Cuba bans smoking in public places

Campaign News | Monday, 7 February 2005

New laws aimed at saving lives

Cuba - the home of the fine cigar - has brought in tough new regulations on tobacco smoking in public places.

It is now banned in most work places, cigarette machines are being removed and it will be illegal to sell tobacco products close to schools.

The Cuban authorities say they have taken a series of measures to fight smoking, as part of a strategy to improve the people's quality of life.

According to the new law it is forbidden to smoke in public places, air-conditioned or closed rooms, offices, meeting halls, theatres, cinemas and video halls.

Restrictions also affect drivers and passengers on public transportation, and the personnel working at sports facilities and hospitals.

The latter includes patients, companions and visitors at all facilities of the National Health System, as well as in educational centers.

The law also says that cigarettes cannot be sold to children under 16, or less than 100 metres from a school.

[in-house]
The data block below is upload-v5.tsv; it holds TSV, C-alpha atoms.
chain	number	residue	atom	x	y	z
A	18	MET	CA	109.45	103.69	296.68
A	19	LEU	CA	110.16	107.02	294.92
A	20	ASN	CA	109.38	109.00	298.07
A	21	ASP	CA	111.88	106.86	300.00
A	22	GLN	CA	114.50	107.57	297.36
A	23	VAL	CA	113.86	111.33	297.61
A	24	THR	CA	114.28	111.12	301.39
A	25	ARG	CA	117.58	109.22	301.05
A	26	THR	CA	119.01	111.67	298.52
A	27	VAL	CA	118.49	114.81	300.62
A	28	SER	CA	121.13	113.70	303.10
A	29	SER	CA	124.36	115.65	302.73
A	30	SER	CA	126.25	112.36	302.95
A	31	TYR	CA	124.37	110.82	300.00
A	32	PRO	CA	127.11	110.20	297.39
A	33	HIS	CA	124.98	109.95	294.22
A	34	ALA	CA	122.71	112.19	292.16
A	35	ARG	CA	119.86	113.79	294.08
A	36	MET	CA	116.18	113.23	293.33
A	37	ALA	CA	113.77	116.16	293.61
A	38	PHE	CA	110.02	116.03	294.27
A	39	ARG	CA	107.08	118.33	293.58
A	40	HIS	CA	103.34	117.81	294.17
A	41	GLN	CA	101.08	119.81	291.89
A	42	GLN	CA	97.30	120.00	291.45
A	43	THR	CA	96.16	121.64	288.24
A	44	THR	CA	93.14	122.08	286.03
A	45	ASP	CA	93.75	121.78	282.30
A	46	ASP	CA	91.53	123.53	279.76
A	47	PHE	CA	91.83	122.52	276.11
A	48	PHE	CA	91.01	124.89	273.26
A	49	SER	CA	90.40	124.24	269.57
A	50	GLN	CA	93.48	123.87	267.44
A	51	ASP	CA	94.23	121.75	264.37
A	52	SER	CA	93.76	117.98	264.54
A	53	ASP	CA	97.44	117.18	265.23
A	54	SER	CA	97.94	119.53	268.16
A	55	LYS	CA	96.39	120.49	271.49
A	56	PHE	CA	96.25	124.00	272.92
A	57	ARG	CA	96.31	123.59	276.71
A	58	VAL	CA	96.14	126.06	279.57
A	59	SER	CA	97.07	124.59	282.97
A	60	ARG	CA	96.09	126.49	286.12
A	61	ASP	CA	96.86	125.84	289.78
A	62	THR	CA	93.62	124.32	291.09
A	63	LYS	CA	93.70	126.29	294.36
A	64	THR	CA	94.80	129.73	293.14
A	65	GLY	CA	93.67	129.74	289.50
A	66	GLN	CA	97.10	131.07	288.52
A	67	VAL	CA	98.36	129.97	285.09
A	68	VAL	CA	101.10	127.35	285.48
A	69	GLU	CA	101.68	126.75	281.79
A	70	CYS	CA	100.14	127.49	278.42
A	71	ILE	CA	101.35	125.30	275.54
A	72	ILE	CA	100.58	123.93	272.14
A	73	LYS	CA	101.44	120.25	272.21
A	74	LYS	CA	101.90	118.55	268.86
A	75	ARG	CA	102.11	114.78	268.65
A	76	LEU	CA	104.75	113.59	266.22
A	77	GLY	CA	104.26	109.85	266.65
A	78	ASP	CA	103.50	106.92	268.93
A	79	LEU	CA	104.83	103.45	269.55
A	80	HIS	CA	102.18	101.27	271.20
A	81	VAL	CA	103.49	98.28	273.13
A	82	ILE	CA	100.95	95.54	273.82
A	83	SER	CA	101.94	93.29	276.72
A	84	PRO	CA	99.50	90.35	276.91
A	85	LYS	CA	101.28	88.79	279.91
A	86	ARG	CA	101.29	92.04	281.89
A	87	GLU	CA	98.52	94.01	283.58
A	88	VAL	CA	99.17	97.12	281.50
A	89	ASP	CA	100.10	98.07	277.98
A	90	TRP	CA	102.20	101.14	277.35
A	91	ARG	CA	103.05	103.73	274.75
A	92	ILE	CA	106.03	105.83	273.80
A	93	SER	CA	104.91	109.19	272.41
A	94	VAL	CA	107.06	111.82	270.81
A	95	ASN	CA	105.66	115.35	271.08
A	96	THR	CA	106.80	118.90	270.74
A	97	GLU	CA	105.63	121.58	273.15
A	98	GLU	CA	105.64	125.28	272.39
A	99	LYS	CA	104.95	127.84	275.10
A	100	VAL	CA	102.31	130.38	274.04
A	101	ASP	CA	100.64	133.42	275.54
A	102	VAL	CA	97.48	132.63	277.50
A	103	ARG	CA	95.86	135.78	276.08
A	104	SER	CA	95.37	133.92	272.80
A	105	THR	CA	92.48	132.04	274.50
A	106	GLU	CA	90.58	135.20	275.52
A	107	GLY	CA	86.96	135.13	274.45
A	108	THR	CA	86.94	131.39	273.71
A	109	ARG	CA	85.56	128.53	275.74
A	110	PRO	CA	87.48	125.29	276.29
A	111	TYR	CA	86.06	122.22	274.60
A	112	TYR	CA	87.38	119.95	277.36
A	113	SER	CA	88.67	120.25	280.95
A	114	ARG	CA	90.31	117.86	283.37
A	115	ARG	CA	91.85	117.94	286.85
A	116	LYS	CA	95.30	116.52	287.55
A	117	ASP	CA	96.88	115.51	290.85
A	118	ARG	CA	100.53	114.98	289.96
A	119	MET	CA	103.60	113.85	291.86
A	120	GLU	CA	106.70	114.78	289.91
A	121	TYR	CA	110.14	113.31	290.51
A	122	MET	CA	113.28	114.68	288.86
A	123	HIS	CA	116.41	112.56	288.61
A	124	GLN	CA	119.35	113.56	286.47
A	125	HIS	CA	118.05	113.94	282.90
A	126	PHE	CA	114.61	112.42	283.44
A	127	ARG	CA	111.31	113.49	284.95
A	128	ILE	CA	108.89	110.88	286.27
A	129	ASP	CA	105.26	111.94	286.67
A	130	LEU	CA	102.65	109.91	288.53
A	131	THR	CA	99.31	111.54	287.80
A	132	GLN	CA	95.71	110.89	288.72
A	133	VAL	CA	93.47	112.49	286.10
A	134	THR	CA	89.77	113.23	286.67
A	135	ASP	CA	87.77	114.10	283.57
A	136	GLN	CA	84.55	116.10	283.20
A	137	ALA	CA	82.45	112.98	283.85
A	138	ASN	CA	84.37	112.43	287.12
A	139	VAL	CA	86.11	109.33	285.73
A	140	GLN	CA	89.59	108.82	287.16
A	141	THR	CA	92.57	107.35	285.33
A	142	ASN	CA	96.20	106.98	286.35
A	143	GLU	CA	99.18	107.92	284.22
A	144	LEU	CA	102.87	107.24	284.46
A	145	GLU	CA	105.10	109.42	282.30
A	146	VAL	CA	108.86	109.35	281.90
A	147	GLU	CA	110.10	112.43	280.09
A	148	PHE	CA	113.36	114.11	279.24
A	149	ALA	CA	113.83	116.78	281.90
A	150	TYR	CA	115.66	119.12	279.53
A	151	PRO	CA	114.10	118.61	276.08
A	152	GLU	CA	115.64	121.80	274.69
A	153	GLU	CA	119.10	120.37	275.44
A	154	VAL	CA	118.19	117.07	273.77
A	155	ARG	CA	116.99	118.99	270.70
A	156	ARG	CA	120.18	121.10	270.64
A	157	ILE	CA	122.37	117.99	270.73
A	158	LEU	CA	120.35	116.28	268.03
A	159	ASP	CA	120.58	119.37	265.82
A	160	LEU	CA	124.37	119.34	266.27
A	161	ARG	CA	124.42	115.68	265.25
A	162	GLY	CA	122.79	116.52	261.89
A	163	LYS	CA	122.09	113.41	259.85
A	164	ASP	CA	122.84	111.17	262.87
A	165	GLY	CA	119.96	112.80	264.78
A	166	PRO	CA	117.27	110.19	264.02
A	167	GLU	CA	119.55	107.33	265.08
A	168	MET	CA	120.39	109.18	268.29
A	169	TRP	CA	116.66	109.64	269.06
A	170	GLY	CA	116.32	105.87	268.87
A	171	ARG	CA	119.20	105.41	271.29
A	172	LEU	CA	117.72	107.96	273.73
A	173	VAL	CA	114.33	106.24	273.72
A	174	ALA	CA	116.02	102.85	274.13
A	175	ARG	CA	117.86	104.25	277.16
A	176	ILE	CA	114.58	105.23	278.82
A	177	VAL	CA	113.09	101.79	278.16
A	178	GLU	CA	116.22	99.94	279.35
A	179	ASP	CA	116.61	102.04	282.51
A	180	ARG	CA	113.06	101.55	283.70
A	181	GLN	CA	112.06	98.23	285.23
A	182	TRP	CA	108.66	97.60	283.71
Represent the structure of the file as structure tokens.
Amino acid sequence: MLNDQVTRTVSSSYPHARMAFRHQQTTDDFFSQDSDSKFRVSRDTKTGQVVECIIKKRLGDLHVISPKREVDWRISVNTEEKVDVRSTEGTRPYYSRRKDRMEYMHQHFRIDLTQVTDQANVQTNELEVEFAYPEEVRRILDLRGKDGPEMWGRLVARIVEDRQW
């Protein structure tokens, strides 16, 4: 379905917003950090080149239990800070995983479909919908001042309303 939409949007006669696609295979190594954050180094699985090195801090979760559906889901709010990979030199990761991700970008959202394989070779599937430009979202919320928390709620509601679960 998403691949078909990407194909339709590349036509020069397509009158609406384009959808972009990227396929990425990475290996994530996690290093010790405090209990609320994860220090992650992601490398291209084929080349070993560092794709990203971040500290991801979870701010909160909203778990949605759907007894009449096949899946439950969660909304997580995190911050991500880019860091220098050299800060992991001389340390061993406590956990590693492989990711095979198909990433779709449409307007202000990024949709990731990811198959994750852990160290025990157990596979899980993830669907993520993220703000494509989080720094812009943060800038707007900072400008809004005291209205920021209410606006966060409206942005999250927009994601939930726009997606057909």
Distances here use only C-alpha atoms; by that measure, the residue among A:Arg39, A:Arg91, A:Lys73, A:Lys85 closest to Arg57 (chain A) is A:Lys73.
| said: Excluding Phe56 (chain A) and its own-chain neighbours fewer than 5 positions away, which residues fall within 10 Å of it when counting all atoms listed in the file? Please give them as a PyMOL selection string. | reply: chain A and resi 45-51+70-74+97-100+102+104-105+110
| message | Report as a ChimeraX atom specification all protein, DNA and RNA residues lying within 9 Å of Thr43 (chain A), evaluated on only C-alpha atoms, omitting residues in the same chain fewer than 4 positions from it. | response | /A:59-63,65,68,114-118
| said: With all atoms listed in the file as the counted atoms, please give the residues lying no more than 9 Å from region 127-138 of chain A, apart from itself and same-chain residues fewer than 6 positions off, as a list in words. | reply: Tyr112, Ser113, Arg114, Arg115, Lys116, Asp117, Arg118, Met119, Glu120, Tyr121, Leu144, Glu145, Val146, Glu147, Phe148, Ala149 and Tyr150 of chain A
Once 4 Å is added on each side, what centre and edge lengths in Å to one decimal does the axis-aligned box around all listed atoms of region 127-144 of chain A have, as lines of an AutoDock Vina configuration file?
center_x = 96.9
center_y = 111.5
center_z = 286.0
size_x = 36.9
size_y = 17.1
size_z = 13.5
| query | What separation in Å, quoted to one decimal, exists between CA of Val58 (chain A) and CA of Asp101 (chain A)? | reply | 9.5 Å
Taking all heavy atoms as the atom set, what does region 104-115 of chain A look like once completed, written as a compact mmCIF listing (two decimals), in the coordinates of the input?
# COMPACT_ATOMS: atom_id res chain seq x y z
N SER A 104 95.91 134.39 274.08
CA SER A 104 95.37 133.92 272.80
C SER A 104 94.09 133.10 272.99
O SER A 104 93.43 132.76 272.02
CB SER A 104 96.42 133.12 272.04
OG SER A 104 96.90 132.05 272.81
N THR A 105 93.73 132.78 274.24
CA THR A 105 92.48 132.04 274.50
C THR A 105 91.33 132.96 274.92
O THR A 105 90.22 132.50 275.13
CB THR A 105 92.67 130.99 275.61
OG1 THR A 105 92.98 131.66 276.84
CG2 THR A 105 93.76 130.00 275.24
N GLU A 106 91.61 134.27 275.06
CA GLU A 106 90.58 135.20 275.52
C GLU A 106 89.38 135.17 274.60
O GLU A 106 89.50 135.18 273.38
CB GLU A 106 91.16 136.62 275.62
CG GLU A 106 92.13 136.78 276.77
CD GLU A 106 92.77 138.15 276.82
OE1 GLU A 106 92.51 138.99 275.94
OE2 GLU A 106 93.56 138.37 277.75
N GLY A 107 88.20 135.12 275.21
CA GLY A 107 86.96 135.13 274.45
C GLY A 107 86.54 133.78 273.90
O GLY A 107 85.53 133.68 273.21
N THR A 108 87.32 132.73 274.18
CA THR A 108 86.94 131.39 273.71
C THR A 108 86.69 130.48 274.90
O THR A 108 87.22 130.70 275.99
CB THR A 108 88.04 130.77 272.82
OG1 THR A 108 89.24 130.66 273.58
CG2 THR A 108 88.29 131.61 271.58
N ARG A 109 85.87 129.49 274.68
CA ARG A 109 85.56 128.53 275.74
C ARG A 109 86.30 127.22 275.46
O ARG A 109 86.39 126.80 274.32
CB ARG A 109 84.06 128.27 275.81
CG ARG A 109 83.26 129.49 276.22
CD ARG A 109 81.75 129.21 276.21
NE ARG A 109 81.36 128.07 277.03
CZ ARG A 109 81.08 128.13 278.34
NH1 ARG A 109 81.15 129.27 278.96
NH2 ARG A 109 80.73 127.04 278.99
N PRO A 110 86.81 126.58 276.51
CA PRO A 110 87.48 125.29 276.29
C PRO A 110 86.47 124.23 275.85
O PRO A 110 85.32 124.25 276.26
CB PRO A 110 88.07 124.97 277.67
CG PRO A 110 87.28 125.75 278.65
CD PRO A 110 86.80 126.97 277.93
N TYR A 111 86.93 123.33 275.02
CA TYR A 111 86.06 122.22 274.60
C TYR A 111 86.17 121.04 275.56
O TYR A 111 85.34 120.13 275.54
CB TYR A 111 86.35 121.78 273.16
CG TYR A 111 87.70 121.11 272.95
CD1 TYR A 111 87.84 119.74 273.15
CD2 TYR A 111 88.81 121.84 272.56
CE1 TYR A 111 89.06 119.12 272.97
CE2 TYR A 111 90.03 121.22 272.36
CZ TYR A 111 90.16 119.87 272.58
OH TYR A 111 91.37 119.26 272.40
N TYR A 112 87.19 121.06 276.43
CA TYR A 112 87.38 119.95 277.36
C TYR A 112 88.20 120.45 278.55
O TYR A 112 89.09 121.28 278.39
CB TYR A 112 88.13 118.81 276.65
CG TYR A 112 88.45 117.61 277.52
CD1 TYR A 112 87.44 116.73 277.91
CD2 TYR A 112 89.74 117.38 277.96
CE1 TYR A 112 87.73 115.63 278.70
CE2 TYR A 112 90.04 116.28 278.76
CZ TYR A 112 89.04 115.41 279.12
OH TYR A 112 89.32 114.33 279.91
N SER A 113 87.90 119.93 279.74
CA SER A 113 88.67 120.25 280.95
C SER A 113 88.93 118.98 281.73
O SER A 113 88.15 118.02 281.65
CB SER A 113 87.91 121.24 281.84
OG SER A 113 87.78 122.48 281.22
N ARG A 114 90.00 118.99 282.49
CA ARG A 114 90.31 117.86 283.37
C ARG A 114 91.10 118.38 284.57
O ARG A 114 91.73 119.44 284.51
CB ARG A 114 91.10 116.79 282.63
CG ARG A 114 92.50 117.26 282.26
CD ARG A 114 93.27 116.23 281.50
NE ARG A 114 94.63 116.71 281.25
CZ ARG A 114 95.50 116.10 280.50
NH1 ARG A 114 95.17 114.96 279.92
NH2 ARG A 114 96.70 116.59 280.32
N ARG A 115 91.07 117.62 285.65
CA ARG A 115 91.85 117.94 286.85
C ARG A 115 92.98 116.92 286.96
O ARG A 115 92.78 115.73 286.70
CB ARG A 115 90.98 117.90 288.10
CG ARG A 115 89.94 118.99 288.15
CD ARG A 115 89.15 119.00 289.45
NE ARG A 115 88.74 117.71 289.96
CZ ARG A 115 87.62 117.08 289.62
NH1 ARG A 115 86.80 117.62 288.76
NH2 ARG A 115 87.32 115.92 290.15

Almost half of all Cuban adults smoke, and tobacco and cigar exports are important to the country's economy.

The laws are among toughest anti-smoking regulations in the world.

In the capital Havana, managers of restaurants and bars said they intended to set up non-smoking areas.

Cuba says it wants to change the attitude of its population towards tobacco.

It will be battling a culture that goes back five centuries. Many Cubans start the habit in their early teens.

Tobacco and cigar exports generate more than $200m (£107m) a year. But every year some 6,000 Cubans die from smoking-related illnesses.

It is thought to be an attempt to increase the average life expectancy here that drove the Cuban government to act now.

President Castro - a one-time keen cigar smoker - gave up in the mid-1980s.

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